Riga's zeppelin hangars were built originally for German zeppelins but in the 1920s they were remodelled and incorporated into the city’s vision of having a Central Market place. By 1930, the Riga Central Market was considered the biggest and also the best market in all of Europe. After the Soviet takeover it was renamed the Central Kolkhoz Market. Kolkhoz is the Russian word for collective and the market sold meat, eggs, potatoes and vegetables, etc. produced by over sixty Soviet collectives. On weekends, more than a hundred thousand people would visit and shop for produce.
In 1997, with Latvia once again an independent country, the Riga Central Market was named a Unesco World Heritage site.
Only ten minutes from our hotel, the market was our first stop after a fifteen-hour plane ride. Hungry and curious, we got a great taste of an area overflowing with charm and history. Rather than tearing down structures no longer needed for out-dated zeppelins, these hangars are a striking reminder of the past.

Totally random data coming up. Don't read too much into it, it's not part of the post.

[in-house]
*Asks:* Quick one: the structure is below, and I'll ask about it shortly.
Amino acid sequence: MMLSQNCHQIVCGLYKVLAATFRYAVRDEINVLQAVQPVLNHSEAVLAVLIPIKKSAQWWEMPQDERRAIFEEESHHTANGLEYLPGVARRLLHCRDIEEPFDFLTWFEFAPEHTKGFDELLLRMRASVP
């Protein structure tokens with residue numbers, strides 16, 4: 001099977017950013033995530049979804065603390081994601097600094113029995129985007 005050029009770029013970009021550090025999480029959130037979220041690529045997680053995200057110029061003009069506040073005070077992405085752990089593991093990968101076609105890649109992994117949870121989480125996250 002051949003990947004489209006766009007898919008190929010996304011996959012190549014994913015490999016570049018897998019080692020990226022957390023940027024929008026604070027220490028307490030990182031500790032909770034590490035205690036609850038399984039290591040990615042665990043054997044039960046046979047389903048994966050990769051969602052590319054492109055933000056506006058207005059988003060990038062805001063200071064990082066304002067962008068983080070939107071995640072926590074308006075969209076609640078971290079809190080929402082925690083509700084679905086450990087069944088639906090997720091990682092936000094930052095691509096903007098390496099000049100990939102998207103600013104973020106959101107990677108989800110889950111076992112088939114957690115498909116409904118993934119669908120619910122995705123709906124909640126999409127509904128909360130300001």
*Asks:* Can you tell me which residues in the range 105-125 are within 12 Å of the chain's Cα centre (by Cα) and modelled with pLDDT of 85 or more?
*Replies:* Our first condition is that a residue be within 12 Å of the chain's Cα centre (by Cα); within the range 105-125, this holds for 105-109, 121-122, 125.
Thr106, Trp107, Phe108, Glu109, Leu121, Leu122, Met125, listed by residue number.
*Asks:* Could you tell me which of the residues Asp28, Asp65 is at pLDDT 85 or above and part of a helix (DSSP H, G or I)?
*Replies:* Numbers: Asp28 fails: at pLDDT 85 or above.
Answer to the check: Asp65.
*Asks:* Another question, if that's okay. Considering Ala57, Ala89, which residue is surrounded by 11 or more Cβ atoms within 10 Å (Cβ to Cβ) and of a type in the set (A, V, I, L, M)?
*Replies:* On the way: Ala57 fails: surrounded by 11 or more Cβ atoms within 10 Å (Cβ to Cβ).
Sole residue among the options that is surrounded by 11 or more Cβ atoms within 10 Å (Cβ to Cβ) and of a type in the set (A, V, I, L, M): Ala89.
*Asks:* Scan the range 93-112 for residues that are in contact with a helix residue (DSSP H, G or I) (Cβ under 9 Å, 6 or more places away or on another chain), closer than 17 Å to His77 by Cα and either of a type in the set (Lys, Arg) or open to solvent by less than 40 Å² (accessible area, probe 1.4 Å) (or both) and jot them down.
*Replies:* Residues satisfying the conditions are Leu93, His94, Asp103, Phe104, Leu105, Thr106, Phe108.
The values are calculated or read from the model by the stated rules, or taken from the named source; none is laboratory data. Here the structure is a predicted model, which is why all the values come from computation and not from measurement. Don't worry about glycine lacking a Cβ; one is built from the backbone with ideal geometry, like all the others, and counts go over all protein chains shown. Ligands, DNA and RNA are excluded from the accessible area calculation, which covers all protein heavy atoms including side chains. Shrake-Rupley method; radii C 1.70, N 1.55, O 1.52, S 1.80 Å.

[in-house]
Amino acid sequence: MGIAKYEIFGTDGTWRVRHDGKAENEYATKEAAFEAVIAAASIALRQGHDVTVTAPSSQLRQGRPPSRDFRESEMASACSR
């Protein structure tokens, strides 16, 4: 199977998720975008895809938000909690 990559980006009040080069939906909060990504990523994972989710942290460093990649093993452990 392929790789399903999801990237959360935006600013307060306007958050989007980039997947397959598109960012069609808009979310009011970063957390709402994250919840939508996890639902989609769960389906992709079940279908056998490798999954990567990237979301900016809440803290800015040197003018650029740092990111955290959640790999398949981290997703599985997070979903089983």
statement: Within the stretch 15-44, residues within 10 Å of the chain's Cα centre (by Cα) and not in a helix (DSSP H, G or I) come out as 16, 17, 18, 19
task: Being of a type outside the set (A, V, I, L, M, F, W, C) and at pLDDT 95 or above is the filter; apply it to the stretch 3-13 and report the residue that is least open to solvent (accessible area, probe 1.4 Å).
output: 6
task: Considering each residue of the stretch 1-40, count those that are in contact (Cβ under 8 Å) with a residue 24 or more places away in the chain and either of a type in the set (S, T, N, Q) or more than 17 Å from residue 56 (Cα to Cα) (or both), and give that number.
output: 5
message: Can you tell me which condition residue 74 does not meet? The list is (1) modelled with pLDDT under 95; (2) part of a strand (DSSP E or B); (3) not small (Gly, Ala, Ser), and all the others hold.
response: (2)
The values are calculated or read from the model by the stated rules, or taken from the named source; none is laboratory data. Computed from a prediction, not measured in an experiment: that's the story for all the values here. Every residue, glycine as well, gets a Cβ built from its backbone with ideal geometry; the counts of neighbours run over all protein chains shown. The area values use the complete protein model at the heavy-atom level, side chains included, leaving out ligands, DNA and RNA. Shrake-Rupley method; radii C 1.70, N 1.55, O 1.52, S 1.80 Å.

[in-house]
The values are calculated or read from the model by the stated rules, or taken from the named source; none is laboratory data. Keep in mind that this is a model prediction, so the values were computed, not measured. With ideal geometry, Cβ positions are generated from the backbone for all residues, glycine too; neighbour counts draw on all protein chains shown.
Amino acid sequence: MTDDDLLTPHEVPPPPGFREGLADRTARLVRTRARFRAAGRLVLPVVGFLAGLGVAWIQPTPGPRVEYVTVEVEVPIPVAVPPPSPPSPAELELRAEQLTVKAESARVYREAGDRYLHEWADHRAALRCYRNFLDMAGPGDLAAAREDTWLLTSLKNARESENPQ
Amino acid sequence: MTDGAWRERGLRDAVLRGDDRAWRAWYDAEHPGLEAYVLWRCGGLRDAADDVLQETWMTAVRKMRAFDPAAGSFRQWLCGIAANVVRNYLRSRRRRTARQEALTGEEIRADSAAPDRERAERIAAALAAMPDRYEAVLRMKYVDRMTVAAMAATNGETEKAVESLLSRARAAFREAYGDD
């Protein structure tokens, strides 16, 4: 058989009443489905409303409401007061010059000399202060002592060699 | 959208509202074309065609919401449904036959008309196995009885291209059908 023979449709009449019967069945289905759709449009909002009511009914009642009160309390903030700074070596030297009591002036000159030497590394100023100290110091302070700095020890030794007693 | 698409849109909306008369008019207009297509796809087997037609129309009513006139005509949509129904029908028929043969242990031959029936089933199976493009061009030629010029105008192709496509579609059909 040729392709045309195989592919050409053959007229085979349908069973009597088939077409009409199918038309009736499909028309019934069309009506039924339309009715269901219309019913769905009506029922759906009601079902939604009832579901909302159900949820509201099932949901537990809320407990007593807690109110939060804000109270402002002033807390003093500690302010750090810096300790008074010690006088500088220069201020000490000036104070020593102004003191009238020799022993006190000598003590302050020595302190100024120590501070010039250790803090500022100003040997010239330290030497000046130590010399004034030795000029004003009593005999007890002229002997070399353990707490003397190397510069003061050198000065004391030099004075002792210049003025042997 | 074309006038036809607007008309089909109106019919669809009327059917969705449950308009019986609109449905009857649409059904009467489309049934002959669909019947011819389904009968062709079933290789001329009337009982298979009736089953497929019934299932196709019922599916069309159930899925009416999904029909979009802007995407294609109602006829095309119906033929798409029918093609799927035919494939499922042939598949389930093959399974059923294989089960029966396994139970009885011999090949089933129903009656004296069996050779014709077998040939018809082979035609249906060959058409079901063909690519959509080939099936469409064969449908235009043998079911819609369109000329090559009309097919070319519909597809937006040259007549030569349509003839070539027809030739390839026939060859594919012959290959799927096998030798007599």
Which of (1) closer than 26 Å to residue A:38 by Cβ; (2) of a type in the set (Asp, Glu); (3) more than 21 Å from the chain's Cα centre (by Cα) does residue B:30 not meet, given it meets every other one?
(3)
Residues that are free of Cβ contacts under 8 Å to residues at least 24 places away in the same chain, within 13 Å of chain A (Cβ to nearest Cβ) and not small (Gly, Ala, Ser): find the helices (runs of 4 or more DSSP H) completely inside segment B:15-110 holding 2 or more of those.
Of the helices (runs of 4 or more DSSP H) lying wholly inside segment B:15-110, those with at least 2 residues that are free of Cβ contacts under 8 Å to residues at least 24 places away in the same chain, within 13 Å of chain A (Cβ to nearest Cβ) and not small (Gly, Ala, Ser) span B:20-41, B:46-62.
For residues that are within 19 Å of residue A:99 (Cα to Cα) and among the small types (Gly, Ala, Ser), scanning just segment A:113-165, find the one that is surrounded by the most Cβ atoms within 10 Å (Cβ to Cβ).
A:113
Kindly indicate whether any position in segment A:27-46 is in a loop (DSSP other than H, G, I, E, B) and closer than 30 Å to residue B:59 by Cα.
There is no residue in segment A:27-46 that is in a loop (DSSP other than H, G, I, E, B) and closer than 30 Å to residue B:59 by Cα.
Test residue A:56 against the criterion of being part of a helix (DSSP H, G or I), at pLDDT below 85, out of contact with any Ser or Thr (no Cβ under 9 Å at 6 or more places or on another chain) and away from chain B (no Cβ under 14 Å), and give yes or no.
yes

The city of Riga is a real treasure. There’s much to explore in this proud Latvian capital that’s seen plenty of struggle during the violent 20th century. I love how they embrace their history. When we visited, everyone was buying flowers. It's a Latvian tradition for students to bring their teachers bouquets for the start of the new school year.